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Leaders: Study What Counts

If you are a dedicated leader, you are in learning mode all the time.

Are you studying what counts the most?

The summer is an excellent time to think about this: What do you spend the most time educating yourself about?

You can tell a lot about leaders by noticing what they are trying to learn.

Most leaders I work with have acquired subject matter or technical expertise. Meaning, they’ve worked hard to become experts in their chosen fields.

If you lead a construction company, you likely study construction.

Manufacturing firms study their products, inside and out.

Medical professionals study medicine.

Accountants study tax law and compliance.

If you sell apple juice, you probably know more about apples than the rest of us.

And so on.

It doesn’t matter what field you’re in, you commonly focus your learning there.

That’s necessary. And limiting.

Knowing a lot about your particular field does not make you a leader.

Almost every leader agrees: “We’re in the people business!” At least, they agree in principle.

As strange as it sounds, leaders typically don’t spend much time studying people. Many are too busy learning about their lines of work, and getting things done. This holds true, say, for police officers, religious leaders, and school administrators, as well as for family business owners, professional firm partners, and entrepreneurs.

When ambitious young adults first arrive on the doorstep of leadership, they soon discover that their expertise – what they’ve spent years acquiring – hasn’t prepared them for what leadership is all about.

Consider, for example, how the backgrounds of most leaders have short-changed their learning. Their “toolkit” often lacks crucial people skills:

  • How to build connection and mutual respect with direct reports and colleagues;

  • What to understand about human nature, emotional maturity, and its complexities;

  • When to listen and when to talk;

  • How to take a clear position when the rubber meets the road;

  • How to communicate humility and confidence at the same time;

  • How to make tough decisions, such as firing a person you like who can’t do the work;

  • When to compromise and when to draw the line;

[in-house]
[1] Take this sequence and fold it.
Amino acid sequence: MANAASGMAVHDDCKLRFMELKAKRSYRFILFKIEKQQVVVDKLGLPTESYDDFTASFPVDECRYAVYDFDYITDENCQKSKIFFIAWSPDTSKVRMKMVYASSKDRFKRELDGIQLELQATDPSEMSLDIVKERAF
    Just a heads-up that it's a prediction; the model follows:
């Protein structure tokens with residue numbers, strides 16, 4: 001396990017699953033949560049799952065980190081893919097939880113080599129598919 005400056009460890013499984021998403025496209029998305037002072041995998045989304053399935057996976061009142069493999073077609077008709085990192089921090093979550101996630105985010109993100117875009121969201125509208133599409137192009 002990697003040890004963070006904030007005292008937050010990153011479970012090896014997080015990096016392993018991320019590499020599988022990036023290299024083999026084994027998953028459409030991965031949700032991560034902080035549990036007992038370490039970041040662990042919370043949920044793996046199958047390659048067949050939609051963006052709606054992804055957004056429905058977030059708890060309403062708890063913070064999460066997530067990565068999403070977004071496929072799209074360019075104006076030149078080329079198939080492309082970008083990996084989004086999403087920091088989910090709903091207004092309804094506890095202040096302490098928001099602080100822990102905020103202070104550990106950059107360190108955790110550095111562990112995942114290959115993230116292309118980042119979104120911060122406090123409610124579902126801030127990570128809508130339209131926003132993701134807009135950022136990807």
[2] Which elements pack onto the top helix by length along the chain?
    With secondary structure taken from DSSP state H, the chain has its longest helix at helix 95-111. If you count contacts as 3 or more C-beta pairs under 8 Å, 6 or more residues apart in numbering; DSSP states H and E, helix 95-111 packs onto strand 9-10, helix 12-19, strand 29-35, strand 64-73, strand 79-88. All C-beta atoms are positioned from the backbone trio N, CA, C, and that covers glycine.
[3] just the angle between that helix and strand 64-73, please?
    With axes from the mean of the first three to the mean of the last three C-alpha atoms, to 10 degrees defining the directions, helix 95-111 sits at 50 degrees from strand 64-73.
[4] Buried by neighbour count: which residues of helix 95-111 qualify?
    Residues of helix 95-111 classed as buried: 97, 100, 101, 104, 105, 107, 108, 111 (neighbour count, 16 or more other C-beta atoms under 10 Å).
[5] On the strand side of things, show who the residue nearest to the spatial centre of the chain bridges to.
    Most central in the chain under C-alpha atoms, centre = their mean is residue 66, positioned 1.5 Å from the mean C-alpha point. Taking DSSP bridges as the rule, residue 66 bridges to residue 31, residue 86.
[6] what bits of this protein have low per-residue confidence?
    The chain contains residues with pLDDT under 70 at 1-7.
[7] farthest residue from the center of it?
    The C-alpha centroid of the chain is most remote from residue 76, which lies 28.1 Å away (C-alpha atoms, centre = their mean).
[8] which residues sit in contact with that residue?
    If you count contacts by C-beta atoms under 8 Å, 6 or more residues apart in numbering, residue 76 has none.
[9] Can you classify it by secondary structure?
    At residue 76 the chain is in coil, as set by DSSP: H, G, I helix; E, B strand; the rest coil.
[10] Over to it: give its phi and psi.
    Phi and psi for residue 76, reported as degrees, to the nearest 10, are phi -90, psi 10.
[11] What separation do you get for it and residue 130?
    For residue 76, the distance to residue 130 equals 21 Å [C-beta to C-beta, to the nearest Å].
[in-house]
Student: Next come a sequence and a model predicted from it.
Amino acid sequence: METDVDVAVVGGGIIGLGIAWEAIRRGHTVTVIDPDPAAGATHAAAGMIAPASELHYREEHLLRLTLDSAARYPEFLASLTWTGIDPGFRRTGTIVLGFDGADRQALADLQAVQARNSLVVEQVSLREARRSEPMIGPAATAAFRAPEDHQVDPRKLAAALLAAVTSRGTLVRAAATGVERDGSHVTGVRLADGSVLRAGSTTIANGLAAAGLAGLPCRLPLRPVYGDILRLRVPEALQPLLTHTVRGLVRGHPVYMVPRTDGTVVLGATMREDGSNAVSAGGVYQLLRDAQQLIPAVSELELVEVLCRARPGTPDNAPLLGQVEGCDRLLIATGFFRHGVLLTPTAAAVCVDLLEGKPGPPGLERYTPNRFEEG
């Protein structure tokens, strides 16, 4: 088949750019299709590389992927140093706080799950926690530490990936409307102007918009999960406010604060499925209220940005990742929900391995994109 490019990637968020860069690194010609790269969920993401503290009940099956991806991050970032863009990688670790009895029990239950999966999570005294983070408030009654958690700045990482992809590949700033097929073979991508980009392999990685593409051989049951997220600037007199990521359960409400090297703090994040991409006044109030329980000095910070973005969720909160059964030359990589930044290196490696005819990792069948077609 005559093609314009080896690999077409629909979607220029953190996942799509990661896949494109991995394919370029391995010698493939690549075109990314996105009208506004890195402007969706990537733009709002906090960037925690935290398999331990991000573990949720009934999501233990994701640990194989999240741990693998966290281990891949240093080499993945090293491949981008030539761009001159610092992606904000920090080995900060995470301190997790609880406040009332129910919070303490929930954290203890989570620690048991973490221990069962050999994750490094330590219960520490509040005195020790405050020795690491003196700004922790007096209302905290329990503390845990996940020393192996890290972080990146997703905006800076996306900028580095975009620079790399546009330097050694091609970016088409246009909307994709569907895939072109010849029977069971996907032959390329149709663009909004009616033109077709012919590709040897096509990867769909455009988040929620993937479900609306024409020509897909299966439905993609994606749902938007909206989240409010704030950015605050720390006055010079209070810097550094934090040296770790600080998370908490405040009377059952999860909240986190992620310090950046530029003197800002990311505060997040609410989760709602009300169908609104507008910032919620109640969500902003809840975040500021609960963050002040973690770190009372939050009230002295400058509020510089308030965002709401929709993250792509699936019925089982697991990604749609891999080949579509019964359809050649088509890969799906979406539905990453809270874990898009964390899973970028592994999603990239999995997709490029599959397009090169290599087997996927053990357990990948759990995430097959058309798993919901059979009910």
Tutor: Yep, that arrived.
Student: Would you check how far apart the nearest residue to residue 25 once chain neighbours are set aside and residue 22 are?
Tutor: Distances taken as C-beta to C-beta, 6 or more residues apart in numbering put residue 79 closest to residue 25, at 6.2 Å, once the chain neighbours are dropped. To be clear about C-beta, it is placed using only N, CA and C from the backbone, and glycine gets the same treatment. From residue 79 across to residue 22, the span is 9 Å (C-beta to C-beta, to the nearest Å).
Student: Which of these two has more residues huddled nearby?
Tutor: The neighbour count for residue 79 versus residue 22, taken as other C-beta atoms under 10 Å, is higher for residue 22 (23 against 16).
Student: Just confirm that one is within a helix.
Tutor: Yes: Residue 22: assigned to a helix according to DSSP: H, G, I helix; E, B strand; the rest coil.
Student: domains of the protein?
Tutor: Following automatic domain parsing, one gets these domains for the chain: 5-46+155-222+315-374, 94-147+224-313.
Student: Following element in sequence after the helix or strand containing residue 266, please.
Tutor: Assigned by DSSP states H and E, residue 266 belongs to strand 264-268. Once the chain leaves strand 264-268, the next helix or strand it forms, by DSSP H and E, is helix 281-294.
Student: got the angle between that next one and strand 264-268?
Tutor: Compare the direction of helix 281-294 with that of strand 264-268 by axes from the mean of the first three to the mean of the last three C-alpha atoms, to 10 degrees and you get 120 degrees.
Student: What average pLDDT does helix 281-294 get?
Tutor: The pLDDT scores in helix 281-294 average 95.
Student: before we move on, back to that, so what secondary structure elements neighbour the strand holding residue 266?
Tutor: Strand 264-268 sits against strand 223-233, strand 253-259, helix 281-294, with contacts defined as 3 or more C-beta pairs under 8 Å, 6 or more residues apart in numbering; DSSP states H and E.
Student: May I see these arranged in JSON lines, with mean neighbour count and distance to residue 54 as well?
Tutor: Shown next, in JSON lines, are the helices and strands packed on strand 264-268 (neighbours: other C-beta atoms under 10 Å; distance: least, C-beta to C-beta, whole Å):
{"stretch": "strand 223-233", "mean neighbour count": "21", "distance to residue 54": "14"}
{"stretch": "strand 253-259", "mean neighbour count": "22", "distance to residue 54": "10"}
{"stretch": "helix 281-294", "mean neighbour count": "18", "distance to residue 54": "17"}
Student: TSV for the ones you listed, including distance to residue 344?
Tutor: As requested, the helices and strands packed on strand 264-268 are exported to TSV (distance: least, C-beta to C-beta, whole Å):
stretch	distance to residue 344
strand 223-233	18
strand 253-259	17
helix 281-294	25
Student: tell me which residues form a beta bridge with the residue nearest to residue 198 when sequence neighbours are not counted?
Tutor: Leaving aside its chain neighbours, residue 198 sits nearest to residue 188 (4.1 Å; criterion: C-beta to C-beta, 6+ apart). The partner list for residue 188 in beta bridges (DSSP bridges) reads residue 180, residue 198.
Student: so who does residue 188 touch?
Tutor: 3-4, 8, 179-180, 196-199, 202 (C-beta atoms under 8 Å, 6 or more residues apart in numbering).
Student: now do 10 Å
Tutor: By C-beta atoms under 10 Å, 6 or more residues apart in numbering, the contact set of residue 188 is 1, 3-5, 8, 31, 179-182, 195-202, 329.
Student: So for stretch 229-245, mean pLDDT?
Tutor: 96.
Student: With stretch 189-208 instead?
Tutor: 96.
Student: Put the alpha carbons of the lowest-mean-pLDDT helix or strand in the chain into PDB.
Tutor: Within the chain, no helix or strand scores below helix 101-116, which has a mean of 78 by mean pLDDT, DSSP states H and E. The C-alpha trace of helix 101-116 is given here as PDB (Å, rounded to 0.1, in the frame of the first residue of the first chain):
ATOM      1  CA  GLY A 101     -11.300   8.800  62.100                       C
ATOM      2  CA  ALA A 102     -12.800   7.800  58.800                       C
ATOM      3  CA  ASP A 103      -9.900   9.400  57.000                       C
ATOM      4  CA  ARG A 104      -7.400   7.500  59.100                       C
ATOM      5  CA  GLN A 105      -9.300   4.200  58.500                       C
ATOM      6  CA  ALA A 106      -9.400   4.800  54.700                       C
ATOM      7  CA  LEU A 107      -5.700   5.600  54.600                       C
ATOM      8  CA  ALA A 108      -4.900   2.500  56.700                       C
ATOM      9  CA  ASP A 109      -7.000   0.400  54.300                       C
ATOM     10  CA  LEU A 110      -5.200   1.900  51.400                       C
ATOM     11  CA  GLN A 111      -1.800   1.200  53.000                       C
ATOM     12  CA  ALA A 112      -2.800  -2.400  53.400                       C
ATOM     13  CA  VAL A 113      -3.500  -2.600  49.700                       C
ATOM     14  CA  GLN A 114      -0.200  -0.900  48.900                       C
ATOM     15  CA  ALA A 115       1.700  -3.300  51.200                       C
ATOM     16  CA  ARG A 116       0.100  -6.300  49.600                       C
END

• How to ask growth-provoking questions;

  • How to manage that influential companion called anxiety;

  • How to prepare others for leadership.

This list only begins to describe the competencies required for exceptional leadership.

These aptitudes don’t get taught – or get taught poorly – in our esteemed learning academies. In companies and nonprofits, it’s not much better. That’s a big problem.

If you’re among the lucky few who know your way around the bullet points above, you probably learned those skills in your family growing up. Or in the school of hard knocks.

Relationship learning is important, because when leaders acquire people instincts and skills, their influence reaches far beyond the workplace, into their own families and communities.

It’s no exaggeration to claim that relationship wisdom changes the world.

The good news is that the pathways for learning how to relate to and lead people – most especially your children and your direct reports – pass through a single door.

It’s a door that helps a leader take on the relationship challenges of life, instead of avoiding them. It’s the primary door that shows a leader how to walk their talk.

On this door hangs a sign: “The Way of Self-Knowledge.” Through this portal, a leader studies self by considering life-defining questions:

  • What do I really know about myself?

  • What do I want to learn about my parents, grandparents, extended family, and ancestors?

  • Where do my beliefs come from? Do they make sense?

  • What am I most afraid of?

  • What do I want so badly that I would sacrifice greatly for it?

  • What principles will guide the rest of my life?

  • Who do I talk to about all this?

Though it promises self-confidence and the underpinnings of deep insight, The Way of Self-Knowledge happens to be one that many leaders find distasteful. Most would rather shun it than embrace it.

Why? Because they know, perhaps intuitively, that walking through this door requires time, energy, and a stream of uncomfortable questions.

It’s easier to be an expert.

It’s easier to tell people what to do.

It’s easier to pretend you’re wise, when you are merely smart.

When it comes to learning, walking The Way of Self-Knowledge takes courage.

The payoff is huge. Studying self ultimately helps the people around you function at a higher level.

For example, employees and children often stop short of taking healthy risks because of fear. They don’t think that they can do it. They’re afraid of how others will react. They can’t handle disapproval, even when their decision is sound.

Your job, as a leader, is to help them overcome their fears. But it’s only when a leader has faced and worked through his or her own fears, that they can help others face trepidations.

Learning about self is the single most important prerequisite for high-caliber leadership. It’s the real deal.

No one can lead others to a place where they have not been.


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